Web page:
Math 2413-101 and 2413L-101
Instructor: Linda Rowland Office: 109
Box 968 Phone: 806-874-4824
Clarendon, TX 79226 e-mail: email@example.com
Office Hours: M 12:00 to 12:30
T 8:00-9:30, 11:00 to 1:00 and 2:20 to 5:00pm
R 11:00 to 1:00
Course Description: Limits and continuity of functions, techniques of differentiation, applications of the derivative and anti-differentiation.
Lecture Hours: 3
Laboratory Hours: 1
Semester Hours: 4
This course is intended to prepare students for further studies in mathematics and science, to meet the math requirements for an associate degree, and be a transferable credit to another institution.
Required Instructional Materials:
Textbook: Finney, Weir, Hass, Giordano. Thomas’ Calculus, 11th edition. Addison Wesley, 2005.
Supplies: Textbook, paper, graph paper, pencil, graphing scientific calculator, and/or MathXL/MyMathLab (optional)
Methods of Instruction:
2. Explanation of the concept and skills under consideration
3. Provide examples on the board with step by step explanation of the operations and principles being applied.
4. Comment when appropriate on the history, importance, and application of specific concepts.
5. Overheads and power point when appropriate.
At the end of the course the student should be able to:
1. Apply the basic principles of Analytic Geometry.
2. Define and apply limits and continuity of functions.
3. Take and define the derivative of algebraic and trigonometric functions.
4. Sketch the curve and its derivative and the line of tangency at a point.
5. Apply the derivative to certain application problems including differentials.
6. Solve and define integrals both definite and indefinite.
1. To apply arithmetic, algebraic, geometric, higher-order thinking, and statistical methods to modeling and solving real-world situations.
2. To represent and evaluate basic mathematical information verbally, numerically, graphically, and symbolically.
3. To expand mathematical reasoning skills and formal logic to develop convincing mathematical arguments.
4. To use appropriate technology to enhance mathematical thinking and understanding and to solve mathematical problems and determine the reasonableness of the results.
5. To interpret mathematical models such as formulas, graphs, tables and schematics, and draw inferences from them.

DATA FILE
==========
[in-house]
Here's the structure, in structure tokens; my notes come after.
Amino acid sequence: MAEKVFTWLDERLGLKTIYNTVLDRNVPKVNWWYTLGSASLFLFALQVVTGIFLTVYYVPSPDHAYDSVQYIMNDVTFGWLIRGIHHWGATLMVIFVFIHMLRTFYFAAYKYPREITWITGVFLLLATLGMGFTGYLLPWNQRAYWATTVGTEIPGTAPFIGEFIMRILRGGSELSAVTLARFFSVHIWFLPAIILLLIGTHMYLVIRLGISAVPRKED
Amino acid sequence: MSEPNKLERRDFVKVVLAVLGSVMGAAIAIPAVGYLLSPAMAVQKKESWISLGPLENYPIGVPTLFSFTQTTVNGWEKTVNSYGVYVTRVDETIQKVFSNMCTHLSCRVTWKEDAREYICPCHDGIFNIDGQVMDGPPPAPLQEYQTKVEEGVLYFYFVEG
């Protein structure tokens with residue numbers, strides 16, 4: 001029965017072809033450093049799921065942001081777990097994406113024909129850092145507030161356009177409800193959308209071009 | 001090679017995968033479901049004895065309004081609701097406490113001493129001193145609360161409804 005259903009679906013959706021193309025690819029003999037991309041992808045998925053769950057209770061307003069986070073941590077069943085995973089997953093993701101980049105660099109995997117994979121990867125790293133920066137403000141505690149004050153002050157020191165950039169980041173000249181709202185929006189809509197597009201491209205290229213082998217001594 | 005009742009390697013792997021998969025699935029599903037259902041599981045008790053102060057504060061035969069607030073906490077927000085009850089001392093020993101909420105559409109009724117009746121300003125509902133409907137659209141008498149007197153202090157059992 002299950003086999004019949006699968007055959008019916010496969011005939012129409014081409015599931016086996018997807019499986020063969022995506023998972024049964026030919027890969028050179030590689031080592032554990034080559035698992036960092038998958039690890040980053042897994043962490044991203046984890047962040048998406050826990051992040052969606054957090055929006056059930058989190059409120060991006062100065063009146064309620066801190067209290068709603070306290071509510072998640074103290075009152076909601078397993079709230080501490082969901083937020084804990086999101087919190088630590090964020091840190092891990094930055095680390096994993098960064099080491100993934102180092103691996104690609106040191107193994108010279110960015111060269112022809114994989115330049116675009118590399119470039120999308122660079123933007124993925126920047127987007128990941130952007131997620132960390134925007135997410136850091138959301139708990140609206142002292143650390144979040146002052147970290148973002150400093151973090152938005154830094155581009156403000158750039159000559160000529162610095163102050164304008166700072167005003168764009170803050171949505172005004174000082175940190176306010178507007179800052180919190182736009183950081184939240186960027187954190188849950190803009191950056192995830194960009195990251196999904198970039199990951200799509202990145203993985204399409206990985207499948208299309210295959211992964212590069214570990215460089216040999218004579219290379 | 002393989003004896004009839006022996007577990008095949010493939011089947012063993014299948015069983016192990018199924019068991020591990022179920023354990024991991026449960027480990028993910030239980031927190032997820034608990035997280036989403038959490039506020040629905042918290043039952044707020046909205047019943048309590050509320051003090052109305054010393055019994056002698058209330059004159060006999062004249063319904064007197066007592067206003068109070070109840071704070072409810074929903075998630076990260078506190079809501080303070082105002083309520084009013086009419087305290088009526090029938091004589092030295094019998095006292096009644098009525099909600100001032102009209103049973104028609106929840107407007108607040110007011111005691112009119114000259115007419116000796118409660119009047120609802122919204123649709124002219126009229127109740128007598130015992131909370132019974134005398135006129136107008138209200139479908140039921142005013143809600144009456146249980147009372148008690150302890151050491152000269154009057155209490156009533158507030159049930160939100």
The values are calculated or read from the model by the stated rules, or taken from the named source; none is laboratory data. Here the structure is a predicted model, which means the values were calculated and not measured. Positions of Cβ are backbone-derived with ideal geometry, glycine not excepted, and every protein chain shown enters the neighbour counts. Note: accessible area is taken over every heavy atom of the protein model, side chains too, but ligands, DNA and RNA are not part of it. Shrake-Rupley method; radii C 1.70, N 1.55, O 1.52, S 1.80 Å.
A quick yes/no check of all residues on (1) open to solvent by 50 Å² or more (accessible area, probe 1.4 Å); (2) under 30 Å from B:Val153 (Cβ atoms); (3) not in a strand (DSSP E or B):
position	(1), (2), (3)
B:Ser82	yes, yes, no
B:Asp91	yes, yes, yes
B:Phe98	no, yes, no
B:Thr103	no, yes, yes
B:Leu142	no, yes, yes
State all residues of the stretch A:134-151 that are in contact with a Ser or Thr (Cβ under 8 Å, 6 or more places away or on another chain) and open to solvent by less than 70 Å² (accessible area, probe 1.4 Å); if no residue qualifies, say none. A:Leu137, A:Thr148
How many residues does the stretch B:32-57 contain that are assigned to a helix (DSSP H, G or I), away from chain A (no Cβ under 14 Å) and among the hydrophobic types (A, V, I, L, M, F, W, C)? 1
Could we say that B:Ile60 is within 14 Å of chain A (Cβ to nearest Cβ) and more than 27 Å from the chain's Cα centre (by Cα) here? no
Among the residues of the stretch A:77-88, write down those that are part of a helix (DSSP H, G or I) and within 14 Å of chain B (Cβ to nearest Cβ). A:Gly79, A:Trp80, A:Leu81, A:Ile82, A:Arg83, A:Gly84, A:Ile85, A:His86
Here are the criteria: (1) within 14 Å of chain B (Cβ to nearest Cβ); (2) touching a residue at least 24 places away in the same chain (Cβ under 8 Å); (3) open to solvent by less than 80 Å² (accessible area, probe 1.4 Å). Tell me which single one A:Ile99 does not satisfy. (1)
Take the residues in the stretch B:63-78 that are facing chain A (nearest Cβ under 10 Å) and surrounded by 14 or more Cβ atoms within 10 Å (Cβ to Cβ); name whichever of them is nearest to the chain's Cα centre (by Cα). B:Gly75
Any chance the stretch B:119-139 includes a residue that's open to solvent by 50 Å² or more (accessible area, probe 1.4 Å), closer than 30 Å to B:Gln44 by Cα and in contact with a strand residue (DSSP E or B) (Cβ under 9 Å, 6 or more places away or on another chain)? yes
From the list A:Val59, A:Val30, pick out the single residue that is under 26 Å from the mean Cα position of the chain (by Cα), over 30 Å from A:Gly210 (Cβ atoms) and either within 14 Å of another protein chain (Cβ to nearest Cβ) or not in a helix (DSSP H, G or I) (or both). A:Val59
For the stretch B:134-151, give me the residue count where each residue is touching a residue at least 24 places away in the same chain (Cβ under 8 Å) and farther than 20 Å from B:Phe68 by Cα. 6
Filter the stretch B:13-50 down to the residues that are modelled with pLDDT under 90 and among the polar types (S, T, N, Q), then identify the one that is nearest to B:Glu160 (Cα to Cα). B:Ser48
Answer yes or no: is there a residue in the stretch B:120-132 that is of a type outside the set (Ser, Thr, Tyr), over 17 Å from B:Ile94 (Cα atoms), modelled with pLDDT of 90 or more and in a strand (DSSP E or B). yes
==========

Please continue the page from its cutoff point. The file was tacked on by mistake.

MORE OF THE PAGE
6. To recognize the limitations of mathematical and statistical models.
7. To develop the view that mathematics is an evolving discipline, interrelated with human culture, and understand its connections to other disciplines.
work: 15% Homework is on MyMathLab/Math XL or out of
the textbook. All assignments completed
out of the book must have all work shown mathematically or verbally in order to
receive credit. (“Answer is in the back of
the book” is an unacceptable explanation)
Lab 10% Lab will be held in classroom 101 unless posted to go to room 203
Quizzes: 15% Quizzes will be on the Math XL/MyMathLab or given on Tuesdays as listed in the syllabus below. There are no makeup’s on quizzes.
tests are on the MathXL/MyMathLab or given on the
Tuesday listed in the syllabus below.
There is no makeup’s on Test. If necessary make arrangements to take test early –no tests given after due
Final: 30 % No early finals given unless proper paperwork has been signed by the Dean of Instruction.
IMPORTANT: NO GRADES WILL BE ACCEPTED BEFORE THE CLASS CONTRACT IS SIGNED. IF GRADES HAVE BEEN TAKEN BEFORE CLASS CONTRACT HAS BEEN SIGNED THEY WILL BE RECORDED AS ZEROS.
A simple average of the above will be used to determine the letter grade for the course based on the following:
90 – 100% A
80 – 89% B
70 – 79% C
60 – 69% D
Below a 60 F
A student’s final grade will be made available through Campus Connect at Clarendon College’s website.
Student Academic Integrity:
Failure to comply with lawful direction of a classroom instructor is a disruption for all students enrolled in the class. Cheating violations include, but are not limited to: (1) obtaining an examination , classroom activity, or laboratory exercise by stealing or collusion; (2) discovering the content of an examination , classroom activity, laboratory exercise, or homework assignment before it is given; (3) using an unauthorized source of information during an examination , classroom activity, laboratory exercise, or homework assignment ; (4) entering an office or building to obtain unfair advantage; (5) taking an examination for another person; (6) completing a classroom activity, laboratory exercise, homework assignment, or research paper for another person; (7) altering grade records; (8) using any unauthorized form of electronic communication device during an examination, classroom activity, or laboratory exercise; (9) Plagiarism. Plagiarism is the using, stating, offering, or reporting as one’s own, an idea, expression, or production of another person without proper credit.